The CreateNetworkFromBinaryFile() function creates the parser and loads the network file. The parser then constructs the underlying Arm NN graph from the network file.

Optimize the graph for the compute device

Arm NN supports optimized execution on multiple CPU, GPU, and Ethos-N NPU devices. Before executing a graph, the application must select the appropriate device context by using IRuntime() to create a runtime context with default options.

We can optimize the imported graph by specifying a list of backends in order of preference and implementing backend-specific optimizations. A unique string identifies each one of these backends. For example:

  • CpuAcc represents the CPU backend.
  • GpuAcc represents the GPU backend.
  • CpuRef represents the CPU reference kernels.

Arm NN splits the entire graph into subgraphs based on these backends. Each subgraph is then optimized, and the corresponding subgraph in the original graph is substituted with its optimized version.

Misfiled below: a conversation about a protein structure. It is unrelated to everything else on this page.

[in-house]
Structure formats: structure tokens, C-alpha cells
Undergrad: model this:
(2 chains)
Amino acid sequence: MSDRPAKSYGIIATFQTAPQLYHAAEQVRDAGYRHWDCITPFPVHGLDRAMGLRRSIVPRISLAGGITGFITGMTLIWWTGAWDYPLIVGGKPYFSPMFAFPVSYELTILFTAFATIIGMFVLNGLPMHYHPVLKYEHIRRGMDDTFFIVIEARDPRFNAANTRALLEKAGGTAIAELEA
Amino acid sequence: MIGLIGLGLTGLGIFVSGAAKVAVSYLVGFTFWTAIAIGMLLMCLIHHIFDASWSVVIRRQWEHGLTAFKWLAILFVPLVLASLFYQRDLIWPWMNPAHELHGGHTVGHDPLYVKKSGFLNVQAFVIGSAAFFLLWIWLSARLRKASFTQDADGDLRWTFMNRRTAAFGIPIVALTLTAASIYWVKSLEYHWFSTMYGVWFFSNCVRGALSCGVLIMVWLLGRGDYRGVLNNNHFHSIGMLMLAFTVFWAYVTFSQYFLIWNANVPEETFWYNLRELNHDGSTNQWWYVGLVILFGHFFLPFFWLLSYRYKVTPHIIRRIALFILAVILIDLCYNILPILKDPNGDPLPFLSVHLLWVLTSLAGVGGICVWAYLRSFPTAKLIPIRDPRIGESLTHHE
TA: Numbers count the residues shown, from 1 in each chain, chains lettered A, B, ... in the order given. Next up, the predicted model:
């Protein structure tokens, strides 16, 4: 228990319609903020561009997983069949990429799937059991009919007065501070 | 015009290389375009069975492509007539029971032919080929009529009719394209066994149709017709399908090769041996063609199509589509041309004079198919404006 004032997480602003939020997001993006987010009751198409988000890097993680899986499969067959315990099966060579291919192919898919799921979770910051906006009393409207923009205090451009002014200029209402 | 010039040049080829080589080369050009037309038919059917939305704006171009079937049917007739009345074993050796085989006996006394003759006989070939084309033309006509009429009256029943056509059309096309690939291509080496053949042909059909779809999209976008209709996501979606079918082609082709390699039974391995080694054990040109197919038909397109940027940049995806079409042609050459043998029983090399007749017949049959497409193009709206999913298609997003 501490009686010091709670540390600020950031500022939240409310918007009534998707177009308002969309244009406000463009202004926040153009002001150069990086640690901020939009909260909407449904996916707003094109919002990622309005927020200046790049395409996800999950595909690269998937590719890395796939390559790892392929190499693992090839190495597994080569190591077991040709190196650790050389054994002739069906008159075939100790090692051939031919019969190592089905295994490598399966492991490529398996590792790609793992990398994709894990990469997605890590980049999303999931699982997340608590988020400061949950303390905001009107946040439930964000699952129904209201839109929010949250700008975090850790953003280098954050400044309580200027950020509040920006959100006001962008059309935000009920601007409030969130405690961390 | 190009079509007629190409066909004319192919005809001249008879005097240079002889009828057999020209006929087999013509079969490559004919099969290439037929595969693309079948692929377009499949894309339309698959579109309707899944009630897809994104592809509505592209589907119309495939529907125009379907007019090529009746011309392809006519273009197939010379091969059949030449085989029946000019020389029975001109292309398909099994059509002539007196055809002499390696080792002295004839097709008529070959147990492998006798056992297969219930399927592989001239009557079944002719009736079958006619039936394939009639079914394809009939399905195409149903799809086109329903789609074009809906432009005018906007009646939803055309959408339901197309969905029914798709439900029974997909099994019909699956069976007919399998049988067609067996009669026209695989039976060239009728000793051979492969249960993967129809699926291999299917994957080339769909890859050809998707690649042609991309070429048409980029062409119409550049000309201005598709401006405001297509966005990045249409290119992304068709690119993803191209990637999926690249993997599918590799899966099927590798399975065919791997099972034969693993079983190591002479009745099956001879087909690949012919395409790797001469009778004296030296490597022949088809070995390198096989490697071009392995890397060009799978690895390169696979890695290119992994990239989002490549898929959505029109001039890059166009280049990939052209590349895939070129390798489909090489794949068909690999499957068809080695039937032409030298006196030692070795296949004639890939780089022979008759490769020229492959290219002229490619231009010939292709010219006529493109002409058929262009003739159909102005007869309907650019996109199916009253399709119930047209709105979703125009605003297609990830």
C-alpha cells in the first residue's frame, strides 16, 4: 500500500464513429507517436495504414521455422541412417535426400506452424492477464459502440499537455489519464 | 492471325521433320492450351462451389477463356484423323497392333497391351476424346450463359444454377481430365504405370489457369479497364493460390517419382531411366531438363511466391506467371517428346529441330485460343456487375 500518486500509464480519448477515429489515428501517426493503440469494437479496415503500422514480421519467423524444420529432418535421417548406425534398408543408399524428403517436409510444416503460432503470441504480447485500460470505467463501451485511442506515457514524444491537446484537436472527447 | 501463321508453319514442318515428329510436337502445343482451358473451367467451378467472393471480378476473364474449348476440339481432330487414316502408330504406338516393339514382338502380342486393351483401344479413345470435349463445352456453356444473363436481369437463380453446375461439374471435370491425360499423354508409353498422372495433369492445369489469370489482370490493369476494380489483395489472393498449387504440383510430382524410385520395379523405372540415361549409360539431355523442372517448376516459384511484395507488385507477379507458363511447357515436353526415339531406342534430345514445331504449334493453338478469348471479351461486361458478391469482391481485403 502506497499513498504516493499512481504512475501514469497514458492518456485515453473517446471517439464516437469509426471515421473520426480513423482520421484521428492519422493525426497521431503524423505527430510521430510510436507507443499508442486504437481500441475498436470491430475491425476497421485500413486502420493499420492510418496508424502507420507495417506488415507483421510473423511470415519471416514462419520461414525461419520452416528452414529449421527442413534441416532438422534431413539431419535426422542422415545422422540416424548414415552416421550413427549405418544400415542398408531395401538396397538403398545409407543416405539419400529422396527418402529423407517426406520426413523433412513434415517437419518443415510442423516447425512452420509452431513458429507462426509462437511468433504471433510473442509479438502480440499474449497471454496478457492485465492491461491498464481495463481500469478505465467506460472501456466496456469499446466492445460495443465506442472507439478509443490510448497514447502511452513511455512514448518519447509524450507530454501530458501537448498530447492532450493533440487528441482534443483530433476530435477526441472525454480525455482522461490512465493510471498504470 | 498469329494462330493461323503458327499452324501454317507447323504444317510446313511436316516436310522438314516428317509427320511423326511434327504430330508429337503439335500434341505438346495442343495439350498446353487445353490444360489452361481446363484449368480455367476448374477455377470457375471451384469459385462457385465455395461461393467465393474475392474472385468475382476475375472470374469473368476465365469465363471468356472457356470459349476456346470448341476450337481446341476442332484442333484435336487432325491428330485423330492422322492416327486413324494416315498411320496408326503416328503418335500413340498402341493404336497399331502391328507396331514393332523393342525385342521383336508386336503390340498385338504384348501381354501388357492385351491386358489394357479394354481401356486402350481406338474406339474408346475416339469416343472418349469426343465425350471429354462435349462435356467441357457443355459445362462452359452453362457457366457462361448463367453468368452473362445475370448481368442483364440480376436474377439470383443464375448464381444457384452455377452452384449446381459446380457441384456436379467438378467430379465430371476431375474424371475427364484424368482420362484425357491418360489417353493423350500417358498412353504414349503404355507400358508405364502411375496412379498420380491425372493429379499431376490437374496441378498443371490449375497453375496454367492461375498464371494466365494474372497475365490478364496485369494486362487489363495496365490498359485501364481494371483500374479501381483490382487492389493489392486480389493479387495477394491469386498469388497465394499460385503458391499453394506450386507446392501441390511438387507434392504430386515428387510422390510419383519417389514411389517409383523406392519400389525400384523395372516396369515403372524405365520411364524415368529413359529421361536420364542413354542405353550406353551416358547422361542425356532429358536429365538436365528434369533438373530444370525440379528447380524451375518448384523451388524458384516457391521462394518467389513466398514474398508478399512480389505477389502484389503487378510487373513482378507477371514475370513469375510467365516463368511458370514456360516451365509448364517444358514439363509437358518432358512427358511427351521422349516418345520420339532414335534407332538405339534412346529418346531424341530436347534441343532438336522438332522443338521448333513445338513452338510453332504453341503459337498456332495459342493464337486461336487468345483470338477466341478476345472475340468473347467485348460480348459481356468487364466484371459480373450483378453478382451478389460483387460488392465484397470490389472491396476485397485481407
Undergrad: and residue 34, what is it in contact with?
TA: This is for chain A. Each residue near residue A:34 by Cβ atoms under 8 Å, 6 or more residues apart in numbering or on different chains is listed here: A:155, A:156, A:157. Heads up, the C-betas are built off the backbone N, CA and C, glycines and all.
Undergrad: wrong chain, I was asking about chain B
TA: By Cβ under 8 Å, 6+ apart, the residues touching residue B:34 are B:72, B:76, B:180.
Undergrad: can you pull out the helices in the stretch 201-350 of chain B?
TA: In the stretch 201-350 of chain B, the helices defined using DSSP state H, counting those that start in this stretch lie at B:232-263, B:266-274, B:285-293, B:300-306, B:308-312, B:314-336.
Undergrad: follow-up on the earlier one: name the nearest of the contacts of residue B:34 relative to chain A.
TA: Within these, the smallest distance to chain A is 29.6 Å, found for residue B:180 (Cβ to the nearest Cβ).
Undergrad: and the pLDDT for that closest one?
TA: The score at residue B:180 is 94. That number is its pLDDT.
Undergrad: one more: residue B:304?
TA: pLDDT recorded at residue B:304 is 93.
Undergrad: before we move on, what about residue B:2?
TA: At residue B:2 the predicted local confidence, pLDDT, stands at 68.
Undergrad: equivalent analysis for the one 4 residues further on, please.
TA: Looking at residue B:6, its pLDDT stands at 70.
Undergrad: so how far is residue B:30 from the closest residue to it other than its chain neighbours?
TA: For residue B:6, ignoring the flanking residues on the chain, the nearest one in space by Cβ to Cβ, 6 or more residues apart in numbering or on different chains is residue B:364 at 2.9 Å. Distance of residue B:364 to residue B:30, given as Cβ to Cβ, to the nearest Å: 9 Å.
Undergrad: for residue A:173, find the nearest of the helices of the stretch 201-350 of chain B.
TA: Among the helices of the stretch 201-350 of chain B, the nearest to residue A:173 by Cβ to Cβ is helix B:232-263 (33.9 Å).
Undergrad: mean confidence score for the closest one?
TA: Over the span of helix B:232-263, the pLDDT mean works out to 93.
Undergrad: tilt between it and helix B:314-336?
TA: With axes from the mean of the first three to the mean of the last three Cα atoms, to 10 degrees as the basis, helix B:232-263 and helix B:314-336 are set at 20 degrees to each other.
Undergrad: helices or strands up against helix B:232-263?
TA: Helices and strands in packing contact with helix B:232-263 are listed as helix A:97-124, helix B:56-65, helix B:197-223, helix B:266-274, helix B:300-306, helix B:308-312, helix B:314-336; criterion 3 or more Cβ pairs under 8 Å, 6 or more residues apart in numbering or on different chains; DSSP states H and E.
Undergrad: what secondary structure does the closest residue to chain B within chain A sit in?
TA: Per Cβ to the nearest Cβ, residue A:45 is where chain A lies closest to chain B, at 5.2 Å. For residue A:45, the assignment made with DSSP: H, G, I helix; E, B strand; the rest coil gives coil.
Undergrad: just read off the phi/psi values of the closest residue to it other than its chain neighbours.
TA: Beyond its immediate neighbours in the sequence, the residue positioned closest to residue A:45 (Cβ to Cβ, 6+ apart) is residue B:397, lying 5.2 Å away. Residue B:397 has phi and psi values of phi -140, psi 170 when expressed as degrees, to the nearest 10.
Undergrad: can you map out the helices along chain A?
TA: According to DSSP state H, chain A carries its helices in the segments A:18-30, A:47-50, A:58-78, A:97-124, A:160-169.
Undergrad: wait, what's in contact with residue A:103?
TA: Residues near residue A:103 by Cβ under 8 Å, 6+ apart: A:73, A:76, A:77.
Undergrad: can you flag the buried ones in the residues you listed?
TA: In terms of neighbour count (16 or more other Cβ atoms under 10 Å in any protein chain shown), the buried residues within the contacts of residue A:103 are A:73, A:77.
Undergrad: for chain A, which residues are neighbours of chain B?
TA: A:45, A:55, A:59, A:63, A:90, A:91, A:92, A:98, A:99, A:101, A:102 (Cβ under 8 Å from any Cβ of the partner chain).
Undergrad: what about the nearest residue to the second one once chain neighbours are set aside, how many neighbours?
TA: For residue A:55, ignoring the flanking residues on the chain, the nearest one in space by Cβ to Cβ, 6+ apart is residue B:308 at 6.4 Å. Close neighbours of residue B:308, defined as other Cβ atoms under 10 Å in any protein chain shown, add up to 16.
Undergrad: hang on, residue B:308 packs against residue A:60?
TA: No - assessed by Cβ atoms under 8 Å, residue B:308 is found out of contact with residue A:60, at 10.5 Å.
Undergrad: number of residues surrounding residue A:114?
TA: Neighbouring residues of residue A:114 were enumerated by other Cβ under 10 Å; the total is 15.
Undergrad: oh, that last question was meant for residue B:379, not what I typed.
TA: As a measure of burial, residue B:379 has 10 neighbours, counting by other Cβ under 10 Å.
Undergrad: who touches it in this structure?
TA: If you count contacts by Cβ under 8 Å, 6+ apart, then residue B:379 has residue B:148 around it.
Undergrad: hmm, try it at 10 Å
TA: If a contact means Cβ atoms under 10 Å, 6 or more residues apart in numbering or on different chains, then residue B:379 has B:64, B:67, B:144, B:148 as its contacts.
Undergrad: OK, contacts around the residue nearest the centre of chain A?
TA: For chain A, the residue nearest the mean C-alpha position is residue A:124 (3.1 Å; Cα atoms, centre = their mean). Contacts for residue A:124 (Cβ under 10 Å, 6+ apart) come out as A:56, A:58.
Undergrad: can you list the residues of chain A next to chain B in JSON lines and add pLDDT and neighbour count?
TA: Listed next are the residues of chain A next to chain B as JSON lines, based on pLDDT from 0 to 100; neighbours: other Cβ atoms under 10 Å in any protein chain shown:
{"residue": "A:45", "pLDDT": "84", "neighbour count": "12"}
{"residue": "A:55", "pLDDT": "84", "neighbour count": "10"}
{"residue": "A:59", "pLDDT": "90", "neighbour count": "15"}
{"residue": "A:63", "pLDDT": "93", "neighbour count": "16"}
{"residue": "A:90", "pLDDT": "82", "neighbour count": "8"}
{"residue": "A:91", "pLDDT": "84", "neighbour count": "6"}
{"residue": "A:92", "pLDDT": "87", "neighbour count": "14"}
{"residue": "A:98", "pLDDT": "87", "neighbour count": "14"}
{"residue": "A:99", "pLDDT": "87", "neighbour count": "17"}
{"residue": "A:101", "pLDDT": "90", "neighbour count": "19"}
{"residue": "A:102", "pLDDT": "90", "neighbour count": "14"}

The Optimize() function optimizes the graph for inference, then LoadNetwork() loads the optimized network onto the compute device. The LoadNetwork() function also creates the backend-specific workloads for the layers and a backend-specific workload factory.

Create input and output binding information

Parsers extract the input information for the network. The GetSubgraphInputTensorNames() function extracts all the input names and the GetNetworkInputBindingInfo() function obtains the input binding information of the graph.